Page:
When my cousin Anita Queen posted these pictures on Facebook, I called her up and asked if I could interview her about her recent charitable work as a quilter. Being a family relative and fellow seamstress, she gladly shared her story.
Have you ever had a quilt that seems to grow dust? You’ve posted it on Etsy, taken it to craft fairs, and no matter what you do, nobody seems to want to pay money for it? Consider giving it to a charitable cause.
When Anita Queen realized she had an over-abundance of fabric, she embarked on a project that brought a lot of warmth to a number of homeless people, refugees, and working poor individuals. “People had given me so much fabric, and I just wanted to do something with it that made a difference,” Anita said. During this cold time of year, the warmth of a quilt is so deeply appreciated.
Anita’s sister, Carole Mooney, distributed some of the quilts to people who were homeless. Some were living in a little “village of tents,” and some worked part time jobs, but had fallen on hard times and couldn’t afford to pay their rent. “There are thousands of people who are homeless…” Anita told me. “Many have fallen into hard times due to the economy. There are also a lot of mentally ill people who are homeless. These people can’t help it.”
Anita used material that was largely given to her by friends, to make these quilts. For the fuzzy flannel quilt backs, she was given a grant from the Victoria Foundation of Arizona. The flannel backs helped provide a certain amount of warmth to the quilts. Anita told me quilts “are filled with love, and you feel that when you wrap one around you.”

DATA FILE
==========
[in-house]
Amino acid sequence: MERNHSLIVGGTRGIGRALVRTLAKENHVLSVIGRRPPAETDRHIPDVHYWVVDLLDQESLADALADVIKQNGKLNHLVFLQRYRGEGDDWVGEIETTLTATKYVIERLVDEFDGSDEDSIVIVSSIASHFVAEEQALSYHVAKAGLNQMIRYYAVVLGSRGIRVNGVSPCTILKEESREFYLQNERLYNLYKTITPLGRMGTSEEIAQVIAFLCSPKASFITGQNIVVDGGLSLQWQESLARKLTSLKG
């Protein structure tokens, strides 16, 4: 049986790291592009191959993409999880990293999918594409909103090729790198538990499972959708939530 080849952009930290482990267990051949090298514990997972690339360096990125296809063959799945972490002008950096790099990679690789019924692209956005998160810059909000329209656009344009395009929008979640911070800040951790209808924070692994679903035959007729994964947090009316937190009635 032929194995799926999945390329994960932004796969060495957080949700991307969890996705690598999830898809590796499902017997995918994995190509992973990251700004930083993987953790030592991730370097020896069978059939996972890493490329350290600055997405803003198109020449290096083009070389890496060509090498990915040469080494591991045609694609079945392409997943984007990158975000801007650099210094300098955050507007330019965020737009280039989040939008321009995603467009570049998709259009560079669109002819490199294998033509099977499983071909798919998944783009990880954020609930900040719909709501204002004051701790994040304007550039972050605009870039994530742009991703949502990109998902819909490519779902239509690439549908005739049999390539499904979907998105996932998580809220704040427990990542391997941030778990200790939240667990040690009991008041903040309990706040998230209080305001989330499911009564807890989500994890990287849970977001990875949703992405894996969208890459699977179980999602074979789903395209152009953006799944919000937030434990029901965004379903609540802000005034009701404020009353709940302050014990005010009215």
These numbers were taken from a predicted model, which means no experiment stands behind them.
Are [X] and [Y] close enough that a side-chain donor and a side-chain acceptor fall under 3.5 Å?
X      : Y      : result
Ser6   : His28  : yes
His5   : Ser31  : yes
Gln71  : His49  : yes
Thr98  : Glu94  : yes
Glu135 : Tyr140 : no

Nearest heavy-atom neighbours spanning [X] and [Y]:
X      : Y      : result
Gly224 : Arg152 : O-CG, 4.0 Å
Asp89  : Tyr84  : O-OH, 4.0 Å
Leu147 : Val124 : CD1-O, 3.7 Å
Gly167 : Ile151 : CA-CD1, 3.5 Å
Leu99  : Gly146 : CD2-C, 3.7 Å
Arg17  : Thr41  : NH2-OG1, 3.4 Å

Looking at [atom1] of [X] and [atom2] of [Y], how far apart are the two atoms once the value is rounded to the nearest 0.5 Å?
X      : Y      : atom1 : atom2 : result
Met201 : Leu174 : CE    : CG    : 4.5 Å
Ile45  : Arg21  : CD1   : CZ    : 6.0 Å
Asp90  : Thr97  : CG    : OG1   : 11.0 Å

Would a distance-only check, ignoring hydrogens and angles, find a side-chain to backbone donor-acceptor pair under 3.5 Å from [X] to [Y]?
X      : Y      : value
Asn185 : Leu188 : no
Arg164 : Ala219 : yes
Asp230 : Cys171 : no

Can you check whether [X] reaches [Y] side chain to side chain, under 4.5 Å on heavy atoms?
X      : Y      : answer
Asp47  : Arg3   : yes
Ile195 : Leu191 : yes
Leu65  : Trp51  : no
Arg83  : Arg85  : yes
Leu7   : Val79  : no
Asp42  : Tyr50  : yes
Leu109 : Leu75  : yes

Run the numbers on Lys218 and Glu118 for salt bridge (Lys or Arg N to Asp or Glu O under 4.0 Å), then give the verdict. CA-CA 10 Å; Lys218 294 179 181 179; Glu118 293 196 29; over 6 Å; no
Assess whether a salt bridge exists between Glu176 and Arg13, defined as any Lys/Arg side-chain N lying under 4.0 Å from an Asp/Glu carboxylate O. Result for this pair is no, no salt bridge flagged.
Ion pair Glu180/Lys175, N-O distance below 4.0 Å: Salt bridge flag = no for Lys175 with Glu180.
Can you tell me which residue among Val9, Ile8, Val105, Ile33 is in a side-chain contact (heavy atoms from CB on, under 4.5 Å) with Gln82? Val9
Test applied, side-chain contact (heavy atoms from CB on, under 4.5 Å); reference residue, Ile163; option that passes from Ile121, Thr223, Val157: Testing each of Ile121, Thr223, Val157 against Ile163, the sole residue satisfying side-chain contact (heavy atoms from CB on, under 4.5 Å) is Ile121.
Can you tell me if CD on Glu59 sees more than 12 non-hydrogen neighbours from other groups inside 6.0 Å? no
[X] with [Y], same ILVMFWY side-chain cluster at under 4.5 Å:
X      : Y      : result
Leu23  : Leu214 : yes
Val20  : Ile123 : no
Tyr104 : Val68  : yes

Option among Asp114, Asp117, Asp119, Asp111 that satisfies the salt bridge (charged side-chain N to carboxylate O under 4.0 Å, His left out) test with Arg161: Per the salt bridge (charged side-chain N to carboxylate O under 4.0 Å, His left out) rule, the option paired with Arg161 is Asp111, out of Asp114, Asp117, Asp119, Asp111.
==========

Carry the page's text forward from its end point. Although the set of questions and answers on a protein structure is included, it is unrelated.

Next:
The smiles shown in these photos “show their gratitude,” said Anita, whose sister asked permission before taking the recipients’ photos in exchange for the quilts. Carole, Anita’s sister, took the quilts to homeless individuals and distributed them in person. I asked Anita how she felt when Carole returned with these photographs of the faces of true gratitude.
“I cried,” she said, “and I thought, ‘I gotta do so much more!'”
Another friend of Anita’s, Lara Hannon, donated some of Anita’s quilts to refugees. Altogether, 30 homemade quilts were given to individuals in need. What a wonderful way to share your talent with the world!
As our interview came to a close, I asked Anita, “If quilters who follow my blog wanted to donate their handmade quilts to a charitable cause, how might they go about it?” Together, she and I came up with the following possibilities to consider:
- Contact your church, mosque, temple, or synagogue
- Donate to Family Promise (see link) or similar homeless shelters
- Donate to City Light Women’s & Children’s Shelter
- Give a quilt to your local fire department or police department
- Donate quilts for charity fundraisers
I’d like to thank my cousin, Anita Queen, for sharing her wonderful story of how a person’s talent with quilts can truly help those in need. 🙂
3 thoughts on “If you can’t sell a #Quilt on #Etsy, give it to #Charity says ChellyWood.com”
Thanks for this post and the links for where to donate. What an awesome way to enjoy your hobby and do good at the same time.
Nice article about a wonderful woman with a great idea!
Thanks Badnana355. I’m very proud of my cousin for her generosity and inspiration.